Shadow Kin by M. J. Scott

Shadow Kin by M. J. Scott

Shadow Kin by M. J. Scott (Half-Light City, Book 1)

Shadow Kin straddles urban fantasy and paranormal romance. If you’re not fussed about first person narrative and POV shifts, this book introduces a fresh voice in the genre and won’t have any trouble finding an audience.

When Shadow’s attempt to assassinate a sunmage fails, she knows she’s in big trouble. First, there’s her boss, the Blood Lord Lucius, for whom failure is punishable by death…or worse. Then there’s Simon, the sunmage, who persuades Shadow to betray Lucius.

Shadow is a wraith, and all her life Lucius’s protection—such as it is—has been her only sanctuary. It’s also a dark prison she’s desperate to escape, and Simon’s offer of protection is the first real chance she’s had since her Fae family abandoned her to the Blood Lord.

The story gets off to a fantastic start—fast-paced and intriguing, with a kick-arse but vulnerable heroine. Perfect urban fantasy fodder, and I couldn’t put it down. Debut Australian author M. J. Scott sets up an intriguing world featuring vampires, demons, fae, mages, Templars and more. Shadow Kin is the first book in the Half-Light City series, and Scott introduces political and cultural tensions, as well as mysteries that will no doubt be more fully explored in later books.

There are moments of violence, but also of intimacy. Surprisingly, some of the most intense scenes are between Shadow and Lucius—the kind that sends chills rather than thrills down the spine.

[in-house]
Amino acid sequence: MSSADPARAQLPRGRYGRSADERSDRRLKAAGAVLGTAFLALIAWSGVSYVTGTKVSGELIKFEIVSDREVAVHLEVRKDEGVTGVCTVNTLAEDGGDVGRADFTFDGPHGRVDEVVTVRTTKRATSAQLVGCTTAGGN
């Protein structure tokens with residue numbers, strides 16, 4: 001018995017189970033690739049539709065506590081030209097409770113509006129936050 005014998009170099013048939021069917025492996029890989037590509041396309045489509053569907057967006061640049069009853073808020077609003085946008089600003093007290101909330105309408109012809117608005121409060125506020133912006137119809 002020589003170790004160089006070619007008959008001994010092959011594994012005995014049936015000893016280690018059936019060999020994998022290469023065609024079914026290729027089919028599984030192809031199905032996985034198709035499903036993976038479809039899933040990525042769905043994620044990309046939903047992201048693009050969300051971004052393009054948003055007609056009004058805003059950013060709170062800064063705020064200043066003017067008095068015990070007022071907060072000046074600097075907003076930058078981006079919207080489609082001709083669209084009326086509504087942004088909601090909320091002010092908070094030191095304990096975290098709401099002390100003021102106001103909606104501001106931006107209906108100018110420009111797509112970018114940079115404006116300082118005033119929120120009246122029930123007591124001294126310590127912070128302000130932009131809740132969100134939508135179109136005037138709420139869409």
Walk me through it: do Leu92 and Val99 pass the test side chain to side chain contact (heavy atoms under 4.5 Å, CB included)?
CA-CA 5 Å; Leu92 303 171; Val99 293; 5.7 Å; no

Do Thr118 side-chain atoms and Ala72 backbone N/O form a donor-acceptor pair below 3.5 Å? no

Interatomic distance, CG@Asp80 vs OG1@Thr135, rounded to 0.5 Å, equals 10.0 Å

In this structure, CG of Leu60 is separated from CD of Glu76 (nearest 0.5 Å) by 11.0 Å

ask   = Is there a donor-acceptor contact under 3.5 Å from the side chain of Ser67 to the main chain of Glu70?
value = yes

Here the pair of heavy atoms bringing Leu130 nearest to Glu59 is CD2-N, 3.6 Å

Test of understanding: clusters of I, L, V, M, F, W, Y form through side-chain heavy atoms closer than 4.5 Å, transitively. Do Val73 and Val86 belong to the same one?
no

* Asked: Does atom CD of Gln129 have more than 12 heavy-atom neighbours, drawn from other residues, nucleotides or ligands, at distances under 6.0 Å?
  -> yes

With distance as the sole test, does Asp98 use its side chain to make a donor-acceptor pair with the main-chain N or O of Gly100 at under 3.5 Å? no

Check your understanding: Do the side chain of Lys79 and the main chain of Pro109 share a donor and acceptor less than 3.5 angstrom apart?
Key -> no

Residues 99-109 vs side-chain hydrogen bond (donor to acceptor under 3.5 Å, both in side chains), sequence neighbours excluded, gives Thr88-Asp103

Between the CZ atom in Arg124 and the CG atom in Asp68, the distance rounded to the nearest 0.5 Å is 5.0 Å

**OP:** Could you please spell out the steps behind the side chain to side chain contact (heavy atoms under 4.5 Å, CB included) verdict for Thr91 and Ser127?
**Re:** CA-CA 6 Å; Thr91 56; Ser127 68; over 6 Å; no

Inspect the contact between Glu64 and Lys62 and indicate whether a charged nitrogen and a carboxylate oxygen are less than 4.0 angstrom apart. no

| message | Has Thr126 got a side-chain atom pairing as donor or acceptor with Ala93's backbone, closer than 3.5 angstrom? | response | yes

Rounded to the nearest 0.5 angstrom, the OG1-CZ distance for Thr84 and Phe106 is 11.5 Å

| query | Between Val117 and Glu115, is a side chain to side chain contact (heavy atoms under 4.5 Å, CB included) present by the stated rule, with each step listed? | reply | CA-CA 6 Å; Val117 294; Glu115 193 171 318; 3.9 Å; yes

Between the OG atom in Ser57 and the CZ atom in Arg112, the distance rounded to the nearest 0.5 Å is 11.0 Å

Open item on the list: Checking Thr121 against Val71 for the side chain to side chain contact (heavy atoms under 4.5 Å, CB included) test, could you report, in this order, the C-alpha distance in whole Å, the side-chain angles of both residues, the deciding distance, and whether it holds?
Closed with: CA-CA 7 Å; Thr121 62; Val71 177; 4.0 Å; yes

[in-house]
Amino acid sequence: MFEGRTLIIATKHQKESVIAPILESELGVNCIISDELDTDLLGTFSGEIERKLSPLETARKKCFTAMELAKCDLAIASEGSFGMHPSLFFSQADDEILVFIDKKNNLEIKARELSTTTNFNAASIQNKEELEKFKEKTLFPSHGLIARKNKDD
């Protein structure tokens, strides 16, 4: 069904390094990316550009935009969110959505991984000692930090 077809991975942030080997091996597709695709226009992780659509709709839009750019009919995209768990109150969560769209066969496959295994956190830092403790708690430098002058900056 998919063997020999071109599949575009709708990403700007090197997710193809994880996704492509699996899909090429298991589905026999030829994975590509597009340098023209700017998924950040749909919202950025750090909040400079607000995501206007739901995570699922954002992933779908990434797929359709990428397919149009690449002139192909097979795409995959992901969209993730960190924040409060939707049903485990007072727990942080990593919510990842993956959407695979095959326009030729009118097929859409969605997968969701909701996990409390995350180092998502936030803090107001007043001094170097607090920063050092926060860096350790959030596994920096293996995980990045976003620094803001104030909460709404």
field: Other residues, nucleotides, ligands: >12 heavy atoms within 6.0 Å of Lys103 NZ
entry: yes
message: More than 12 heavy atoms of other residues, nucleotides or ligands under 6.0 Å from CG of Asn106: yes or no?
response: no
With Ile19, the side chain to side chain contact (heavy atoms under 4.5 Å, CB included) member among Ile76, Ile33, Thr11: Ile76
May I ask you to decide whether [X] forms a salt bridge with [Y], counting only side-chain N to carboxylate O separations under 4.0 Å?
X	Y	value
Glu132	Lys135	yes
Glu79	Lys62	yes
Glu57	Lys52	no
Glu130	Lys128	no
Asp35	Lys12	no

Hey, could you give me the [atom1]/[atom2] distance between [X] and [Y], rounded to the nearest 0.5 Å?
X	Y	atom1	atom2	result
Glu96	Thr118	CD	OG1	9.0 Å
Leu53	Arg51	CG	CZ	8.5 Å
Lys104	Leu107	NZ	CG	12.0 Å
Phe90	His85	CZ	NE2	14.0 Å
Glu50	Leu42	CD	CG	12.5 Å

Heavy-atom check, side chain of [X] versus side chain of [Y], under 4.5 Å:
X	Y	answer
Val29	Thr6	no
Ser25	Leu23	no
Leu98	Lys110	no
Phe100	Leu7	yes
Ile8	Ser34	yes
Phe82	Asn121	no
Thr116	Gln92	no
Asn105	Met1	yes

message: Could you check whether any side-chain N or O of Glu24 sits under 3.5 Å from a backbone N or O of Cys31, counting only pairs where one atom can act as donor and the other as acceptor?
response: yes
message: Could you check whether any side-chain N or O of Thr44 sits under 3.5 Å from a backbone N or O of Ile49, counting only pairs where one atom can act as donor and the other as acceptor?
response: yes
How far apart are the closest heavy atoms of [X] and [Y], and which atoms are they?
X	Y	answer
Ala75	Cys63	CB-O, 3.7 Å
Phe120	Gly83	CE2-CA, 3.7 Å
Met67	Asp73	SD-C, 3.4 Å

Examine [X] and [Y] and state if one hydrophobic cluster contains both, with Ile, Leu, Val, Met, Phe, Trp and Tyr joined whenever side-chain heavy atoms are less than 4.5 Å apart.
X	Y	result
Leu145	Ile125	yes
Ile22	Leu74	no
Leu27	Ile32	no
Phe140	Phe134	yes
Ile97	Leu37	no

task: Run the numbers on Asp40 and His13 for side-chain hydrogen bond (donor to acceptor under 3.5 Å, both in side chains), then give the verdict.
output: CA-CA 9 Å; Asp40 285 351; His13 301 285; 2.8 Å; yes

POV-sensitive readers will have issues with how Scott has chosen to shift the narration between Shadow and Simon. Changes in the narrator are marked by sun and moon symbols, but  they can be awkward. Both narrators use first person, which makes the some POV shifts bewildering.

The real problem is that there isn’t a compelling reason for Simon’s point of view, other than to reveal parts of the plot that Shadow has no knowledge of. The payoff isn’t worth it, because not only do shifts to Simon’s POV affect the story’s pacing, Scott fails to capitalise on Shadow’s deeper internal conflict by being in the wrong head at the wrong time.

The story also suffers from that perennial paranormal romance weakness of sappy endings. Scott does better than most, but it still niggles, especially when compared with the polish of the story’s beginning.

When I first met Scott at last year’s R*BY awards dinner, she had just signed her first book contract, so I’ve been looking forward to Shadow Kin for over a year now. It was worth the wait.

Yay or nay?

Shadow Kin straddles urban fantasy and paranormal romance. If you’re not fussed about first person narrative and POV shifts, this book introduces a fresh voice in the genre and won’t have any trouble finding an audience.

Who might enjoy it: Readers who like an intricate plot

Who might not enjoy it: Those who refer to themselves in the third person

An e-galley of this book was generously provided by Penguin USA via NetGalley.

Title: Shadow Kin (excerpt)
Series: Half-Light City (Book 1)
Author: M. J. Scott
Publisher: Roc/Penguin

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